Bulletin of Volcanology

, Volume 74, Issue 4, pp 903–911 | Cite as

Inflations prior to Vulcanian eruptions and gas bursts detected by tilt observations at Semeru Volcano, Indonesia

  • Takeshi Nishimura
  • Masato Iguchi
  • Ryohei Kawaguchi
  • Surono
  • Muhamad Hendrasto
  • Umar Rosadi
Research Article


We examine the basic characteristics of inflations at Semeru Volcano, Indonesia, to clarify the pressurization process prior to two different styles of explosive eruptions: Vulcanian eruptions and gas bursts. Analysis of data obtained from tilt meters installed close to the active crater allows clarification of the common features and the differences between the two styles of eruptions. To improve the signal-to-noise ratio and to determine the mean characteristics of the inflations, we stack tilt signals obtained from eruptions of different magnitudes and evaluate the maximum amplitude of the seismic signal associated with these eruptions. Vulcanian eruptions, which explosively release large amounts of ash, are preceded by accelerating inflation about 200–300 s before the eruption, which suggests volume expansion of the gas phase. In contrast, gas bursts, which rapidly effuse water steam accompanied by explosive sounds, follow non-accelerating changes of inflation starting 20 s before each emission. Tilt amplitudes increase with the magnitude of eruptions for both eruption styles. This suggests that the volume and/or pressure of magma or gas stored in the conduit before eruptions controls the magnitude of volcanic eruptions. These results further suggest that the magnitude of eruptions can be predicted from geodetic measurements of volcano inflation.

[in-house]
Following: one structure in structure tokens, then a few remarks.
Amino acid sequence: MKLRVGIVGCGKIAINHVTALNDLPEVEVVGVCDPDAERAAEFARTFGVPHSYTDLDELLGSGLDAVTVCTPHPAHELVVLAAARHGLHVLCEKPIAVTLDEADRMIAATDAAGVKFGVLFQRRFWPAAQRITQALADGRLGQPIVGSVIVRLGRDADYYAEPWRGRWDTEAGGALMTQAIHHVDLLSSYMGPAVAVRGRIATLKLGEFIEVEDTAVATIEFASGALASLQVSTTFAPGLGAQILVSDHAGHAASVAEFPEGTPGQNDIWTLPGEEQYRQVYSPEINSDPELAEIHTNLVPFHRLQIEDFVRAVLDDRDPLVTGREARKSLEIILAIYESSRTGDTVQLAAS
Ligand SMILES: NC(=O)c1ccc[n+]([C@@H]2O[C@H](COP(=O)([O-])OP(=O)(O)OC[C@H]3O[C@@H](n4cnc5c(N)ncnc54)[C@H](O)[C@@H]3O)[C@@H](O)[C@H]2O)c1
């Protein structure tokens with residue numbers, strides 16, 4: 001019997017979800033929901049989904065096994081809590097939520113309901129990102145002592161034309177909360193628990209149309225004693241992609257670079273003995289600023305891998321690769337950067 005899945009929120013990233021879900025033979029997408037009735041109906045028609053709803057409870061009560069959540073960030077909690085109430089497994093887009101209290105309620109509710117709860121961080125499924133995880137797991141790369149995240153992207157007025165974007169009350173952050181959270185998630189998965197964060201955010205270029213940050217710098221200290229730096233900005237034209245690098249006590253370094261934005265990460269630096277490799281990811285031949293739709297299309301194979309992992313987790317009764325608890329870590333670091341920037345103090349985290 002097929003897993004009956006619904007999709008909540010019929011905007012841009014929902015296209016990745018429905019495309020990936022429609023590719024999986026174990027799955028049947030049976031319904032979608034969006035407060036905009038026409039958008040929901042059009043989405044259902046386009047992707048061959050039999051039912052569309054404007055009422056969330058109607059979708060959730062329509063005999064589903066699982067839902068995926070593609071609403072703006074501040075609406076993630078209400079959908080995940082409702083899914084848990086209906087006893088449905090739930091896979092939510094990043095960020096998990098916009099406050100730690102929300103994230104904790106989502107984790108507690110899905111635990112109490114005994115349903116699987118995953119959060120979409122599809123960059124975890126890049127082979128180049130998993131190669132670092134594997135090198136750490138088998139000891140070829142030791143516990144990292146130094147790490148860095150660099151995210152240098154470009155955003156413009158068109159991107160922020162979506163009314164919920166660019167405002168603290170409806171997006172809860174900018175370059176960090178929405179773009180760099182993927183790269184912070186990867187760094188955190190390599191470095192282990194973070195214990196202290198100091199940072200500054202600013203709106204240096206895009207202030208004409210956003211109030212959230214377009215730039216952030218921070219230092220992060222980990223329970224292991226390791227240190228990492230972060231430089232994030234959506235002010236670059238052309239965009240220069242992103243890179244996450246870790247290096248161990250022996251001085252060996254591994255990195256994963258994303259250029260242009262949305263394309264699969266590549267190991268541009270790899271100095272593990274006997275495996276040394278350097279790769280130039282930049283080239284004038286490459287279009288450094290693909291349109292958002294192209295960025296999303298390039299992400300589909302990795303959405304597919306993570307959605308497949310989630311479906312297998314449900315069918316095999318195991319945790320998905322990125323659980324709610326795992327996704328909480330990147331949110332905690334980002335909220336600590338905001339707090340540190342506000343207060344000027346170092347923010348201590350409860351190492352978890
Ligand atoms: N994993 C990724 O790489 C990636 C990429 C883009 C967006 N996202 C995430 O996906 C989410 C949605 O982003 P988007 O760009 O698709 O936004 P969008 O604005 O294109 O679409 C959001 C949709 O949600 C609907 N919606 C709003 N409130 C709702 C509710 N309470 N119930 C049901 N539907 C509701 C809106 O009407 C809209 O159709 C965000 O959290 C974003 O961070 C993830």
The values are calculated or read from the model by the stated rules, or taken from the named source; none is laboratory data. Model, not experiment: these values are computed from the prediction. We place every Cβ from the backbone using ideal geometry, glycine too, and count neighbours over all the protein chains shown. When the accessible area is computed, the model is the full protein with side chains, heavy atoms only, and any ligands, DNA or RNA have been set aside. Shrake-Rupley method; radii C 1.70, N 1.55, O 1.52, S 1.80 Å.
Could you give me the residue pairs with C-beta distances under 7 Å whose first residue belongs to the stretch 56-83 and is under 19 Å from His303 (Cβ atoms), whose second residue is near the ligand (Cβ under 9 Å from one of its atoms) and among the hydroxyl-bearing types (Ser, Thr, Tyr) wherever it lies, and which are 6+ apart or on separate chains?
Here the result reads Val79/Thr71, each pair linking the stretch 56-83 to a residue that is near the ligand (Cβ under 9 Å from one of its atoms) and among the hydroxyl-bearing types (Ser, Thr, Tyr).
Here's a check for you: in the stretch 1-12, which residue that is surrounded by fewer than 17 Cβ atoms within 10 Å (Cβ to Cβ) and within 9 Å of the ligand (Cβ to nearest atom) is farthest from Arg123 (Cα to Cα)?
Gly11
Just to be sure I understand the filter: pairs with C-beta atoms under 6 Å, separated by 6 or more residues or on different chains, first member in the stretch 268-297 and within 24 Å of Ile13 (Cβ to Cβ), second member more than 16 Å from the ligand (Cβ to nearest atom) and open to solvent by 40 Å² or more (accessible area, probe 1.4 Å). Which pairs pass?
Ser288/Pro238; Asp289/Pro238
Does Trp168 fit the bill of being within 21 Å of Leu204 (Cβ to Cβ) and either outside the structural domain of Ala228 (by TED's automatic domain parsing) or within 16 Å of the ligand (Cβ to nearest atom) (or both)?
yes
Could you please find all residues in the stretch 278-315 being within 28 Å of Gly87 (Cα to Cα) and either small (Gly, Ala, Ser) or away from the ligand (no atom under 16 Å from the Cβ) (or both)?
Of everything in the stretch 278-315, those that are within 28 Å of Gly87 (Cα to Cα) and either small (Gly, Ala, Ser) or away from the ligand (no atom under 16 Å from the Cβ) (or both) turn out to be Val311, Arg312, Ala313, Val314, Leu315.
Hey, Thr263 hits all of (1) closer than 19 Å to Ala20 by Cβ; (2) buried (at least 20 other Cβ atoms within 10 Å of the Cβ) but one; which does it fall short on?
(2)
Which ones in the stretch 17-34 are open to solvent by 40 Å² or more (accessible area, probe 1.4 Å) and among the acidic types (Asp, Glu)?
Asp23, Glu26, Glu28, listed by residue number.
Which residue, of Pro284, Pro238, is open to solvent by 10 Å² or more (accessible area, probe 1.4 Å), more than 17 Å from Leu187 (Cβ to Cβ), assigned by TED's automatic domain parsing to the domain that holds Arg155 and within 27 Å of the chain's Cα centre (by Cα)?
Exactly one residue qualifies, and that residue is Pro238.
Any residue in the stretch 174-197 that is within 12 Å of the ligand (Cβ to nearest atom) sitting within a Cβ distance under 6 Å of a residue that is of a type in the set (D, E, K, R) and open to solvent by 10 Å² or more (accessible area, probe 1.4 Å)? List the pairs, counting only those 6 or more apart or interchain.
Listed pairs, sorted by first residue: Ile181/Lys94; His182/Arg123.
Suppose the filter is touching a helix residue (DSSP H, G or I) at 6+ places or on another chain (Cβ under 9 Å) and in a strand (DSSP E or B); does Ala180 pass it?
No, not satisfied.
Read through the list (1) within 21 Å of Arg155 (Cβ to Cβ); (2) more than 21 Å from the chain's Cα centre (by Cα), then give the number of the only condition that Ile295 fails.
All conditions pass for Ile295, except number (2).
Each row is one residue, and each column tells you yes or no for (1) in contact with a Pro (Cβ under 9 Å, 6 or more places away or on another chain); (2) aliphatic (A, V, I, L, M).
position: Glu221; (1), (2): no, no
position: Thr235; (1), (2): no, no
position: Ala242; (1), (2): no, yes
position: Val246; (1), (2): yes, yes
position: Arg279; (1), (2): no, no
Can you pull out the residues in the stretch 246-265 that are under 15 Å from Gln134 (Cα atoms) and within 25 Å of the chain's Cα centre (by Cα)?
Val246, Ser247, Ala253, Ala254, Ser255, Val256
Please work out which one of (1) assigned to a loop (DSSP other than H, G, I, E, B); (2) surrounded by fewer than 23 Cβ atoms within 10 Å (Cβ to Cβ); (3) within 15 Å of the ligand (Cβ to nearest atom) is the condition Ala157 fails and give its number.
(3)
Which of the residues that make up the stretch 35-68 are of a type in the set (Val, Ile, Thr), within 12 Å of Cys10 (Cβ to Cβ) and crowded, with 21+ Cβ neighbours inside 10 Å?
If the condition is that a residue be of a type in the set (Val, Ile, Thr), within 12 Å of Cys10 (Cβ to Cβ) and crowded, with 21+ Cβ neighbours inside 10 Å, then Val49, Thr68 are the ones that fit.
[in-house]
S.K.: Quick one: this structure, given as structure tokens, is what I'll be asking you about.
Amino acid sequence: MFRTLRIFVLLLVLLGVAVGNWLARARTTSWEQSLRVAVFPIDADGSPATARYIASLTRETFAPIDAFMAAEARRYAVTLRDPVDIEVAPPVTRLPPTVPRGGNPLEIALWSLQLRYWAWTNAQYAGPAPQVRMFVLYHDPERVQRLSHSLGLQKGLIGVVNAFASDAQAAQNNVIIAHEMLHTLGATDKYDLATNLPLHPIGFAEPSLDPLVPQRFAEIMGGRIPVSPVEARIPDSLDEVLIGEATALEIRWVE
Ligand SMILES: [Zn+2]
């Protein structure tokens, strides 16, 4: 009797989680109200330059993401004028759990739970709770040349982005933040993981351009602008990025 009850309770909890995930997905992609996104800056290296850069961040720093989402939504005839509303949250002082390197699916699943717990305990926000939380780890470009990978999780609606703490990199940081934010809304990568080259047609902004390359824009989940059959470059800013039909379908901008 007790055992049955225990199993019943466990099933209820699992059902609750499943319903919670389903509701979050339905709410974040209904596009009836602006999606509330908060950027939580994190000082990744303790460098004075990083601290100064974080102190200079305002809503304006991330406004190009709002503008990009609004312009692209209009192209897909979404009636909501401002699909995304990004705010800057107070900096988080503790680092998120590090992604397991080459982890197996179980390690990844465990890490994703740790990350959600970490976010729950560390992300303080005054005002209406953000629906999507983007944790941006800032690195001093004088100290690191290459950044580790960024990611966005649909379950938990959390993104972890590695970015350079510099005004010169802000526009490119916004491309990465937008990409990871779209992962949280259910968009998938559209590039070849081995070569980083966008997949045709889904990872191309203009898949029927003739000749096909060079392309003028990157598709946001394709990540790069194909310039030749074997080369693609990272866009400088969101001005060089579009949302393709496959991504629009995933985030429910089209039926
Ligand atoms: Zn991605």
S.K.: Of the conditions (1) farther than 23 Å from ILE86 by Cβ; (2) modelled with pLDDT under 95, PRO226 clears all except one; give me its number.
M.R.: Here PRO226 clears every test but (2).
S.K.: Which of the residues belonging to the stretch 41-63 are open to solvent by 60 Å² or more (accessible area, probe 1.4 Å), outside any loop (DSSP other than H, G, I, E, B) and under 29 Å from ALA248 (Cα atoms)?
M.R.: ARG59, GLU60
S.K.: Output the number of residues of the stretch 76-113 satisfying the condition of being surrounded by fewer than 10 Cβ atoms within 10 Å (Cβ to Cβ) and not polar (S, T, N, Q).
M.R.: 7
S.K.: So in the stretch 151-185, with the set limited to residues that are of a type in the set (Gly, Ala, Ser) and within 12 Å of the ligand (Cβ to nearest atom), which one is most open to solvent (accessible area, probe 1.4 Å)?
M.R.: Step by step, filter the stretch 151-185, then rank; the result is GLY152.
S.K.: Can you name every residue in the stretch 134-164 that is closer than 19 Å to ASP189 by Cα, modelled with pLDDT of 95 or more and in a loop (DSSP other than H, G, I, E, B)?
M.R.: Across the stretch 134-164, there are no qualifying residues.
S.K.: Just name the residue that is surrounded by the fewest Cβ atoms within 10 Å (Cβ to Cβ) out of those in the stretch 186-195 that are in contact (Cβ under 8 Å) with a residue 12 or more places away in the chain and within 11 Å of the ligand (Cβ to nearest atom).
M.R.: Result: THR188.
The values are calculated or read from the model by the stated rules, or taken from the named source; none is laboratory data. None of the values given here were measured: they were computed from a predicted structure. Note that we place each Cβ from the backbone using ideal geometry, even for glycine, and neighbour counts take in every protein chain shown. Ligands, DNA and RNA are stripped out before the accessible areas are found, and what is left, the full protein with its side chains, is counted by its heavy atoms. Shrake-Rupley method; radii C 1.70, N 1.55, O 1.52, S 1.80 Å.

Inflation Tilt Vulcanian eruption Gas burst Semeru Prediction 



This study was supported in part through the SATREPS project “Multi-disciplinary Hazard Reduction from Earthquakes and Volcanoes in Indonesia” in collaboration with JST, JICA, RISTEK, and LIPI. Careful reviews by Drs. Michael Manga, Bernard Chouet, and Oleg Melnik improved the manuscript. Tilt and seismic observations were funded in part by Grants-in-Aid for Scientific Research (no. 14080205 and no. 20310104) from the Japanese Ministry of Education, Culture, Sports, Science, and Technology.


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Copyright information

© Springer-Verlag 2012

Authors and Affiliations

  • Takeshi Nishimura
    • 1
  • Masato Iguchi
    • 2
  • Ryohei Kawaguchi
    • 1
  • Surono
    • 3
  • Muhamad Hendrasto
    • 3
  • Umar Rosadi
    • 3
  1. 1.Department of Geophysics, Graduate School of ScienceTohoku UniversitySendaiJapan
  2. 2.Sakurajima Volcano Research Center, Disaster Prevention Research InstituteKyoto UniversityKagoshimaJapan
  3. 3.Center for Volcanology and Geological Hazard MitigationBandungIndonesia

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